It reminded me of the "great debate" that Michael and I had this summer.  The toilet paper debate.  You see, when I married Bob, I believed that toilet paper should come from the bottom, or point A on the picture.  I actually think that Canadians tend to have it come that way.  Bob thought it should come from the top, or point B.  And we didn't resolve that argument - whoever happened to change the toilet paper would put it his/her way.  Over the years, I came to appreciate that having the paper come from the top was more logical (easier to grab), but I don't think I ever told him that.  Michael has the toilet paper coming from the bottom - and he is Canadian - go figure.  So we had a fun debate about it.  In the end, he said that he really doesn't care which way the toilet paper roll is hung.  My quick counter was, "if you don't care, then just do it my way."  And he agreed.  I was pretty surprised; it caused me to pause and reflect on his gracious response.  Michael is able to be a stubborn man - he proudly declares that.  My name means "firm of purpose" and I too can take pride in being stubborn.  It's one of the reasons I fell in love with him - we have great debates on many topics together.  So why did he give in on this?

This week a friend, Shirley Hoogstra, posted an article that gave a bit of insight on this.  The article was on the scientific finding that lasting relationships depend on two basic traits: kindness and generosity (to read article go here).  More specifically it talks about "bids" that partners make for connections - for example, "look at that beautiful bird outside" - the partner can either turn toward this "bid" or turn away from it.  The scientist who did this study can predict with 94% certainty whether or not relationships are doomed to fail or be unhappy if the responder turns away from such bids with contempt, criticism or hostility. It describes kindness in one of two ways - either it is a fixed trait, or it is a muscle that can grow stronger with exercise.  The article states that one way to practice kindness is to be generous about your partners intentions.  Over the twenty months that Michael and I have been together, I have seen him turn toward my "bids" so naturally each time; I have seen him practice kindness and generosity over and over again, so naturally.  You might say, but this is still young love - give it time.  But at 45 and 49 years old, it is difficult to "pretend" for this long of a period without reality showing.  I am so thankful for the kind and generous spirit that Michael has toward me, as well as to so many others.  He teaches me about turning toward bids and I hope to exercise my kindness muscle to be ever responsive to him.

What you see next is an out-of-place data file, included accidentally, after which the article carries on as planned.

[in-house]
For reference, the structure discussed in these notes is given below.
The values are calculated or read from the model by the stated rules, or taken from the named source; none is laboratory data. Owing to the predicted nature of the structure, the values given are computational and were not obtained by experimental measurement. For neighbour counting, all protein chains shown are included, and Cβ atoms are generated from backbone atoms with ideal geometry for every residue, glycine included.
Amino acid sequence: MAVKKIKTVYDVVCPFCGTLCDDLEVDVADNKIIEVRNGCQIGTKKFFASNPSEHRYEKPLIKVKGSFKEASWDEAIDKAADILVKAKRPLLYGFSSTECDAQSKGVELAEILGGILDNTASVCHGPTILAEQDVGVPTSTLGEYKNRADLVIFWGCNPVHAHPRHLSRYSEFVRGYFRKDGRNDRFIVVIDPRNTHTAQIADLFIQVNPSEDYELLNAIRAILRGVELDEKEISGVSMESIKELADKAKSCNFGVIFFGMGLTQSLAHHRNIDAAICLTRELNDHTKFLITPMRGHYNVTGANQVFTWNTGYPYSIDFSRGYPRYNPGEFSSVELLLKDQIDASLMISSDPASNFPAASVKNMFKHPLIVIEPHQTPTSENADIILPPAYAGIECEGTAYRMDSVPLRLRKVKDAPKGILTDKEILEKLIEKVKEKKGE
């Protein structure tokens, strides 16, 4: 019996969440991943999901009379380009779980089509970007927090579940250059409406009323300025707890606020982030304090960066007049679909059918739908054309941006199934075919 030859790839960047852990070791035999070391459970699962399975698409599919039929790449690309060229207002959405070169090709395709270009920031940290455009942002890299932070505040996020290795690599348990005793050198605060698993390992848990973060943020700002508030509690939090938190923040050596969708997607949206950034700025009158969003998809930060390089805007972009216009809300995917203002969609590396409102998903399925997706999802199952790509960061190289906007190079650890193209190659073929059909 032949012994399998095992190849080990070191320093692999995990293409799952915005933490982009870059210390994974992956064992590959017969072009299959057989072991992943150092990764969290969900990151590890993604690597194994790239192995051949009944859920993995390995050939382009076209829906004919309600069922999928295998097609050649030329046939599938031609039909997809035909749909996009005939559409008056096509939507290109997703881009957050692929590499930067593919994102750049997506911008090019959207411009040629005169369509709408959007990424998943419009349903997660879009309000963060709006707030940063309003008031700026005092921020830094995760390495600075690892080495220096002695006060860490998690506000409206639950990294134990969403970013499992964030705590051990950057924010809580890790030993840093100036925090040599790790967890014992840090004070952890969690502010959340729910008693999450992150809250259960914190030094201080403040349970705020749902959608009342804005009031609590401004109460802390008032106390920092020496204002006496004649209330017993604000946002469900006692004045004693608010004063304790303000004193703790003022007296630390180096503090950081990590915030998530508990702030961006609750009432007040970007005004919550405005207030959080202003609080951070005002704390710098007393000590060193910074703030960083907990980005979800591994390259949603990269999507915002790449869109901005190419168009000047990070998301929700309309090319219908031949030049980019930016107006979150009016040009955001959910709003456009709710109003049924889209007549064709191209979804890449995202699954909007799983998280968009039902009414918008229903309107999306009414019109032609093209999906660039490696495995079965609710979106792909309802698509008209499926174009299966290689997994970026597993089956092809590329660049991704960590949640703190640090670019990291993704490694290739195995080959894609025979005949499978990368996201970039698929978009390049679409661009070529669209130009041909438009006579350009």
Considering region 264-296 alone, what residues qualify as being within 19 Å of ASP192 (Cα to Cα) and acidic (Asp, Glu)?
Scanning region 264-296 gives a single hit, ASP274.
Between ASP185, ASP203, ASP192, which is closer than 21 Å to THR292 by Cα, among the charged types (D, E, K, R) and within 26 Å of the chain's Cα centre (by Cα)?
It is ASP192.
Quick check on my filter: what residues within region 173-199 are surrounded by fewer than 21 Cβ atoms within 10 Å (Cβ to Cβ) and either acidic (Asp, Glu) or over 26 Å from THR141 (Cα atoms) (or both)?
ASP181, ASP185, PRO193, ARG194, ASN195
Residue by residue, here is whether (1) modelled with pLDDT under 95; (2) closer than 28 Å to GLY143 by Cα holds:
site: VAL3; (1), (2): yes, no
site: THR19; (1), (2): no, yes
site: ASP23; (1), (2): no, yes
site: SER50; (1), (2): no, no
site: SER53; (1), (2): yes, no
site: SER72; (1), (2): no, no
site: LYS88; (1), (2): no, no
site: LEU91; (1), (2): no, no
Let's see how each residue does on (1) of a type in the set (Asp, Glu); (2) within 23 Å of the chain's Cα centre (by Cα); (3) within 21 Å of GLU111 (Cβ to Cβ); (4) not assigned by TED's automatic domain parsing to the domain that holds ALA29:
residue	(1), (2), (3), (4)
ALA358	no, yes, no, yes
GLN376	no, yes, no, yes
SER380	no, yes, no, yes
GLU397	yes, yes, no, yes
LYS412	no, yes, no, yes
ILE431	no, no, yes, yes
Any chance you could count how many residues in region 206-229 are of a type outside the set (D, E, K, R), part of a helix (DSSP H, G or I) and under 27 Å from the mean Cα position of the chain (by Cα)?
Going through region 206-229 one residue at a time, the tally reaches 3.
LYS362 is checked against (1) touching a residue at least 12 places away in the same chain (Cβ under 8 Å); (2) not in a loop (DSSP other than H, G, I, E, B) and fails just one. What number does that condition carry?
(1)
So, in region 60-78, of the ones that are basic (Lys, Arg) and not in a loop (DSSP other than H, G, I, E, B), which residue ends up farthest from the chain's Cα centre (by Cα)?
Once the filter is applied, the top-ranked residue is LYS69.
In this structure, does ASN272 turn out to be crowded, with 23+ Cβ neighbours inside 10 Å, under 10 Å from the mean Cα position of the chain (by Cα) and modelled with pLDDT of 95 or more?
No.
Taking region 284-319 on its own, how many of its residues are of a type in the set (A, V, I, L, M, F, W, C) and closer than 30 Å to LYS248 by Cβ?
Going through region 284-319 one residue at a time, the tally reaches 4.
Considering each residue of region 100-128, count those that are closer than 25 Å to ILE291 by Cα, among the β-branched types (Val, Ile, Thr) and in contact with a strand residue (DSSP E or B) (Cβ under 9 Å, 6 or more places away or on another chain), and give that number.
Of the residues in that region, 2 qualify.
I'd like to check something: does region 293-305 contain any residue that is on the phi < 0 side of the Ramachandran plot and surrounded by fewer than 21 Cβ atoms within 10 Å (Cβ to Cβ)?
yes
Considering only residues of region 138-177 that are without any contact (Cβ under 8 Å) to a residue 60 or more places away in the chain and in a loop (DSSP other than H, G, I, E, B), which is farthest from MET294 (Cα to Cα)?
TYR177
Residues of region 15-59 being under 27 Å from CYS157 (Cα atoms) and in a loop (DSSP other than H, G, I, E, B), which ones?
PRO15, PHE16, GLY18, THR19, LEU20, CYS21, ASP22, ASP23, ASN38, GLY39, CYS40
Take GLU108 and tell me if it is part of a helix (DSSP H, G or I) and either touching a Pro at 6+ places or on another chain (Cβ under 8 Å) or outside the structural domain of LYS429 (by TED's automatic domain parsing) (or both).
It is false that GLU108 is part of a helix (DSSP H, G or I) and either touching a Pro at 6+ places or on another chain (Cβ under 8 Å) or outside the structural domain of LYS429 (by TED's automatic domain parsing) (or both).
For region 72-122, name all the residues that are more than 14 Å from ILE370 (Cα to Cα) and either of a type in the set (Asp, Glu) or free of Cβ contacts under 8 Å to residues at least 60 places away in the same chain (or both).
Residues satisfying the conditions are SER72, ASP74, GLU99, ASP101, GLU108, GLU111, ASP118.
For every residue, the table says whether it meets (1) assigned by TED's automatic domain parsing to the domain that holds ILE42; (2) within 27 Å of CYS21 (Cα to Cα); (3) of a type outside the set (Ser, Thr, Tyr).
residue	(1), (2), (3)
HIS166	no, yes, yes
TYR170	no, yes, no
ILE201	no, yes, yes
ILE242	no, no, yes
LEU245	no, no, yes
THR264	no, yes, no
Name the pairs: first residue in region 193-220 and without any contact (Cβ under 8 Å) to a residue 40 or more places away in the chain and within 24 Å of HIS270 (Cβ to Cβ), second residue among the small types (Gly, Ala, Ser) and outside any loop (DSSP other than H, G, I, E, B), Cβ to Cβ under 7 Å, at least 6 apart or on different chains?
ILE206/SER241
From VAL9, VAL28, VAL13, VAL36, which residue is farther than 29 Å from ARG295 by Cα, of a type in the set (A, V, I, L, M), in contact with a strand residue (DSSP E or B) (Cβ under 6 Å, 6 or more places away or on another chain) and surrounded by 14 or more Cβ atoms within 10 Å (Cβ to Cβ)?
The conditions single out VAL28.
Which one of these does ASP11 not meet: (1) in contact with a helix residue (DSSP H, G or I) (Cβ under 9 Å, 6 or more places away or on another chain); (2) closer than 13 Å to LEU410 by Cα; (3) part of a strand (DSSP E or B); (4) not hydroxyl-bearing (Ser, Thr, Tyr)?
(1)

And who knows?  Maybe I'll start turning the toilet paper the other way.

[Oh, who am I kidding?  I can't change.  It's not logical to have it come down the back side, to have to reach an extra three inches and bang into the wall!  sigh...Sorry, Michael. I'll focus on trying to say "no" more often.]

Monday, November 3, 2014

Firsts - Looking at things for the first time...

This week I am back in the US with two colleagues from Kenya, Pastor Charles Keya from the Deliverance Church in Kakamega and Richard Lukuyu from the Friends (Quakers) Church in Kitale.  This has been a time of many firsts for them, and it has been fun for me to see those firsts through their eyes.
Leaving Nairobi.
  • For both of them, it is their first time in the US.  
  • For one of them, it was his first time on a plane.
  • It was their first sighting of fall, with leaves changing colors.
  • It was their first Halloween and they tried to understand the meaning of it.
  • It was their first time change which also seemed strange, as they observed that it was still dark at 8 am and the days seemed shorter than their days in Kenya.
  • They had their first sighting of snow. They had hoped for enough to make a snowman, but the rest of us were thankful that wish did not come true.
  • For one, it was his first tasting of cheese (he didn't like it) and butter (which he liked).
  • For both it was their first taste of asparagus, couscous, salmon, key lime pie, and many other foods.  (However, without ugali and chapati, most meals felt lacking without these Kenyan staples.)
  • It was their first time seeing a pastor preach in a t-shirt (Madison Square Church).
  • It was a first to see church announcements start and finish in two minutes (in Pastor Charle's church, announcements alone can take an hour; then an hour for preaching and an hour for praise and worship).
They have been able to share about the work of Church-based Business as Mission a few times and the response from those hearing has been very positive and encouraging.  There were questions about why this is not in seminaries in the US and that it needs to be accreditated for seminaries throughout the world.  We thank God for the positive response and the interest in seeing this work grow in churches.

They will be visiting a number of businesses yet this week, then flying to Texas for a conference for church leaders.  We will fly back to Kenya on Sunday.  Thanks to all of you who helped to make this trip possible!
Richard, Charles, and I on the bridge in Grand Rapids.